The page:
Noted art critic Peter Schjedahl once wrote that Gary Stephan’s work provides timely grist to the timeless mill of the soul. Exhibiting since the late 1960s, Stephan traffics in an idiosyncratic abstraction that is free from declarative statements as to what the painting should be, what it should mean, or what it expresses. Instead, his pieces vacillate, suggest, and undermine, as Stephan gradually eliminates the illusion of space. As the artist has stated, “the adjustment of pictorial ideas and material ideas, in a kind of contaminated way where there’s no purity of the argument, is what I have always been interested in pursuing.”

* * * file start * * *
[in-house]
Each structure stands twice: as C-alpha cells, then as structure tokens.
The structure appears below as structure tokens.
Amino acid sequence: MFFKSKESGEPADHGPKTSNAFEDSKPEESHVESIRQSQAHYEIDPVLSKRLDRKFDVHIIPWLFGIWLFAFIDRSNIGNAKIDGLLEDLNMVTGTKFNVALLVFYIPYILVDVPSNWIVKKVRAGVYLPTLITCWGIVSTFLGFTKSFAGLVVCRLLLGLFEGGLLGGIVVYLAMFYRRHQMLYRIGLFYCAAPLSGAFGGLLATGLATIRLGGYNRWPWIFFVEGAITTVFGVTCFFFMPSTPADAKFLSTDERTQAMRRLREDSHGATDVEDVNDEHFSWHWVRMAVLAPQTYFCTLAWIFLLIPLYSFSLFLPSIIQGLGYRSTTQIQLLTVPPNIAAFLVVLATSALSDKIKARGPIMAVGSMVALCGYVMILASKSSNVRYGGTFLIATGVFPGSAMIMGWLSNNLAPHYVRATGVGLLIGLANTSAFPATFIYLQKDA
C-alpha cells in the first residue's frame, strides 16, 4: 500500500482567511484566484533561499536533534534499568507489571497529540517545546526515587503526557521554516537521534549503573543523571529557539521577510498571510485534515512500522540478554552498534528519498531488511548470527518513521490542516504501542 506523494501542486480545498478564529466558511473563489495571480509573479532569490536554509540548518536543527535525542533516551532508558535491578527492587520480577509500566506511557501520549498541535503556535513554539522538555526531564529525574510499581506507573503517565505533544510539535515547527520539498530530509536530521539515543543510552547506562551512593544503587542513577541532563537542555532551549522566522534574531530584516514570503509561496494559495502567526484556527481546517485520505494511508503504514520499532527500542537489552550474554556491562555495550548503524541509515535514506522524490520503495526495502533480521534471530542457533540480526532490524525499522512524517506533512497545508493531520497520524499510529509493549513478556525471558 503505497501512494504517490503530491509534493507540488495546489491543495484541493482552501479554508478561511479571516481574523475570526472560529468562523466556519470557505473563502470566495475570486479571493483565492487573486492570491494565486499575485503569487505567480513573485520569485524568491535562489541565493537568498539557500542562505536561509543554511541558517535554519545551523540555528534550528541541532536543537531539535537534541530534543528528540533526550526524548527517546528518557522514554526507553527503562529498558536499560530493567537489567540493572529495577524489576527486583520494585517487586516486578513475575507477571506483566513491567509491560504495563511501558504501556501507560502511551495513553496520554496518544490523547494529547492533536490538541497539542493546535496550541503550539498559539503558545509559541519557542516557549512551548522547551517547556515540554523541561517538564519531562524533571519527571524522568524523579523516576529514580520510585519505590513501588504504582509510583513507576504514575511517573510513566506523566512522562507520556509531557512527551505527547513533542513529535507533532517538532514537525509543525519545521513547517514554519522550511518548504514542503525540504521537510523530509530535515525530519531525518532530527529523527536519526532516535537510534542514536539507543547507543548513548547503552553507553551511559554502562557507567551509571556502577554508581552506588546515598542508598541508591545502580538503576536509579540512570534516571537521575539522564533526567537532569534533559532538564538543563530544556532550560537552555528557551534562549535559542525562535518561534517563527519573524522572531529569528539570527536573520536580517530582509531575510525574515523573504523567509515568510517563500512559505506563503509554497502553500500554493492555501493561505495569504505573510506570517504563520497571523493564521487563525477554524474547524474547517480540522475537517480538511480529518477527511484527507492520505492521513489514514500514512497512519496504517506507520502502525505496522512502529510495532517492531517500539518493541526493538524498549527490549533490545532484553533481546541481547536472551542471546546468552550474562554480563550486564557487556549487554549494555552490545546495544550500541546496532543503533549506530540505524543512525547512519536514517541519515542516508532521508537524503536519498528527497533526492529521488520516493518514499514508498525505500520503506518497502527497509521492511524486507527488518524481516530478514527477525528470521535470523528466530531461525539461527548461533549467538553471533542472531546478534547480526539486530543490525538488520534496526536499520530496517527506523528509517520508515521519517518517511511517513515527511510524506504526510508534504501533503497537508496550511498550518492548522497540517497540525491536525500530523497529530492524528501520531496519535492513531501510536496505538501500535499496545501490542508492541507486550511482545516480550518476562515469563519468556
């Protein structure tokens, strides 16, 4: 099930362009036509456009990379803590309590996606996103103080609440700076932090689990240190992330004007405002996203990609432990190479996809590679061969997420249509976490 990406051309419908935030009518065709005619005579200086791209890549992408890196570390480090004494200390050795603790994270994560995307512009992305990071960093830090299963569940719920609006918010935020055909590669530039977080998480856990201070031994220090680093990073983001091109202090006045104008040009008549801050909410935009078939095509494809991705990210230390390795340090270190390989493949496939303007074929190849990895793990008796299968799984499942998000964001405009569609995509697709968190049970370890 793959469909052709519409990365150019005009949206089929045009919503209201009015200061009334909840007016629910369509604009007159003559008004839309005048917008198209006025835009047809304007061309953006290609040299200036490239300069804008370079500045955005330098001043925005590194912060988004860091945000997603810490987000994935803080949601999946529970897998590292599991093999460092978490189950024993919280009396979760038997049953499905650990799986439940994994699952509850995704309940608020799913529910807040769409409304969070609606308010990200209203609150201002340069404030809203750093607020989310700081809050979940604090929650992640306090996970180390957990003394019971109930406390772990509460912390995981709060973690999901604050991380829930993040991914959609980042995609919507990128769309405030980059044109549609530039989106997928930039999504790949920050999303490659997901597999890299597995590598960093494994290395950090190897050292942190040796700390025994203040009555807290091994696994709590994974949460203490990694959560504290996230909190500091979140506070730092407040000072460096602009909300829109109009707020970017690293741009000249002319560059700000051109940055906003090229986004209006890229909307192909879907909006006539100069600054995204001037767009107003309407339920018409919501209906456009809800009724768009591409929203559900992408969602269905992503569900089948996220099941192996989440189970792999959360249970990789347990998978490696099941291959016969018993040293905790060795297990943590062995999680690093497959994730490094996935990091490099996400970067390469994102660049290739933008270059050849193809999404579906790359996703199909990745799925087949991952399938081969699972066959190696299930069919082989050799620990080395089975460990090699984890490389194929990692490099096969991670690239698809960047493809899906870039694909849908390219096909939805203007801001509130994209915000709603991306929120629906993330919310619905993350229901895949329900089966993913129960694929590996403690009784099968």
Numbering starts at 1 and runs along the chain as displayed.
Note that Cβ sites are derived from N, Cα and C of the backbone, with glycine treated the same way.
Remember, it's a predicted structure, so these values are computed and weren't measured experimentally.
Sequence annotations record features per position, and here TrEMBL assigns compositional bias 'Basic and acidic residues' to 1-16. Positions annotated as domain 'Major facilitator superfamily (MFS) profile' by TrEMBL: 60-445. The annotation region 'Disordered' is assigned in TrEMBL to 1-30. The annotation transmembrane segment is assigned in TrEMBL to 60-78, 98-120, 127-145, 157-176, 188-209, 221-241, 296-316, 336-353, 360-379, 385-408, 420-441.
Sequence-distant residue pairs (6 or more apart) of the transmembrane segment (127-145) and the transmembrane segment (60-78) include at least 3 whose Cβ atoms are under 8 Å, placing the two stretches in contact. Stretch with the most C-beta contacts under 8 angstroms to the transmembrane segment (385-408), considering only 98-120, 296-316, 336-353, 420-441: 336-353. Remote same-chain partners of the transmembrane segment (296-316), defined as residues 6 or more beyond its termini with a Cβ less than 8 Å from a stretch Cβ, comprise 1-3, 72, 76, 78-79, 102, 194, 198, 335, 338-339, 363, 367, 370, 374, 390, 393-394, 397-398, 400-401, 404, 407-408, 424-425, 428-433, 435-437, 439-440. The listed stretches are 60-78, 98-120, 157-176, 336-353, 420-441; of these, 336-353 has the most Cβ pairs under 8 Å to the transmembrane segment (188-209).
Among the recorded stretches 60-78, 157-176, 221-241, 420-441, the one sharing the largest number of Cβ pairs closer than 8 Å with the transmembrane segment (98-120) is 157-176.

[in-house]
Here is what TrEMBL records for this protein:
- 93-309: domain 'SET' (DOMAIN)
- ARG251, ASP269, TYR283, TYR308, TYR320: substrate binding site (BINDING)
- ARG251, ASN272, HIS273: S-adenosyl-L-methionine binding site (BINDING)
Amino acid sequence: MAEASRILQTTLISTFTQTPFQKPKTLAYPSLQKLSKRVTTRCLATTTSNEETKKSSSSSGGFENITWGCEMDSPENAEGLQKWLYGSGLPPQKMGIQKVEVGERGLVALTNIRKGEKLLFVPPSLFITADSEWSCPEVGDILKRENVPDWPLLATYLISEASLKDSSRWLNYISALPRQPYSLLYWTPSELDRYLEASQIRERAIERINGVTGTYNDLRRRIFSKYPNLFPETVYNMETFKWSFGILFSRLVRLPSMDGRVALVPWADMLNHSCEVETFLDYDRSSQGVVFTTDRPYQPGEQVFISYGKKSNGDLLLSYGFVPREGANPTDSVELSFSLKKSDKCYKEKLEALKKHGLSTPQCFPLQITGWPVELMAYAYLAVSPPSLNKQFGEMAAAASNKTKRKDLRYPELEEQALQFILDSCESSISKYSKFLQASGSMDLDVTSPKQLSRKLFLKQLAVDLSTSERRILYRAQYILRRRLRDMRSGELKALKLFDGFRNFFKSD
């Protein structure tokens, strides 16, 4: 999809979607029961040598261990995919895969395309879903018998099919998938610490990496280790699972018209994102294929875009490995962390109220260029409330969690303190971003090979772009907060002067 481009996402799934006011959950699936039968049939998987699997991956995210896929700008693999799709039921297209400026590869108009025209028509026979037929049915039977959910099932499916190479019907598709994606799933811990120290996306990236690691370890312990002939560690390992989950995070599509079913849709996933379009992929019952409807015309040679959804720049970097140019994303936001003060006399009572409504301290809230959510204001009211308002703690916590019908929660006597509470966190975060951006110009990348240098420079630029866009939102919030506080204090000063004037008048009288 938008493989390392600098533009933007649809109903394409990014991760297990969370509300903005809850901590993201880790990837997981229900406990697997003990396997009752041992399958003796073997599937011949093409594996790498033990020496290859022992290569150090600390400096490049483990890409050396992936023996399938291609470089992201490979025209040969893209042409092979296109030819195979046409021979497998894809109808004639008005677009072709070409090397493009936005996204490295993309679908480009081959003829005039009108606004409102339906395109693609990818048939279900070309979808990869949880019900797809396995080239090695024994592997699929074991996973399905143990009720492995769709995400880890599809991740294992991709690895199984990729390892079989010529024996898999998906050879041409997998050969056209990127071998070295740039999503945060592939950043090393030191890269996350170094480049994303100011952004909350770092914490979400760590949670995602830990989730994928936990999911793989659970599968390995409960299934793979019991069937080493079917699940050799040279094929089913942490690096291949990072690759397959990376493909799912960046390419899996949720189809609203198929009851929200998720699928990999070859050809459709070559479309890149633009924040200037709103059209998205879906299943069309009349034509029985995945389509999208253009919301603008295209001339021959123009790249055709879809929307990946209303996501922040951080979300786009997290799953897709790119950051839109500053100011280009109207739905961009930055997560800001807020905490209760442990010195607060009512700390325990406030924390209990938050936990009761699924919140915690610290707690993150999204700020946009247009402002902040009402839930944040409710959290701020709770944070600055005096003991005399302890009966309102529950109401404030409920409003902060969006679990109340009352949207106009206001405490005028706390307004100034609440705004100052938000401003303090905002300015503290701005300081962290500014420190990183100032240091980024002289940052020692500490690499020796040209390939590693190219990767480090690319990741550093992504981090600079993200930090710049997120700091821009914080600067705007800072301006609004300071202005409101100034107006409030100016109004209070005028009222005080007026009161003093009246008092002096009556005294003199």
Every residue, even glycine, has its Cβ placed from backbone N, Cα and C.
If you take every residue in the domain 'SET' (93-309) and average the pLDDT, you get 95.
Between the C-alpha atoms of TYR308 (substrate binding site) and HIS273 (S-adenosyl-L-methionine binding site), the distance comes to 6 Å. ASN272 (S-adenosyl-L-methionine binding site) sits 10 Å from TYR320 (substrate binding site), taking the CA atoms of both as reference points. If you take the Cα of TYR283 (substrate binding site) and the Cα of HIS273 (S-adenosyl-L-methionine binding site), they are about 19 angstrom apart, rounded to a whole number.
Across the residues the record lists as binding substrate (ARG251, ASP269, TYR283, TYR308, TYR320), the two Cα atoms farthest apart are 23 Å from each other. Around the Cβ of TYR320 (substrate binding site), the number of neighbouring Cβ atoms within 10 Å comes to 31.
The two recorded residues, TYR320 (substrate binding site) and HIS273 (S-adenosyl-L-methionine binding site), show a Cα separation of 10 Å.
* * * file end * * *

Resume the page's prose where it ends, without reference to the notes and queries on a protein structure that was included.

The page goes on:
His work has been exhibited at institutions including the Drawing Center, the Metropolitan Museum of Art, the Aldrich Museum of Contemporary Art, and the Whitney Museum.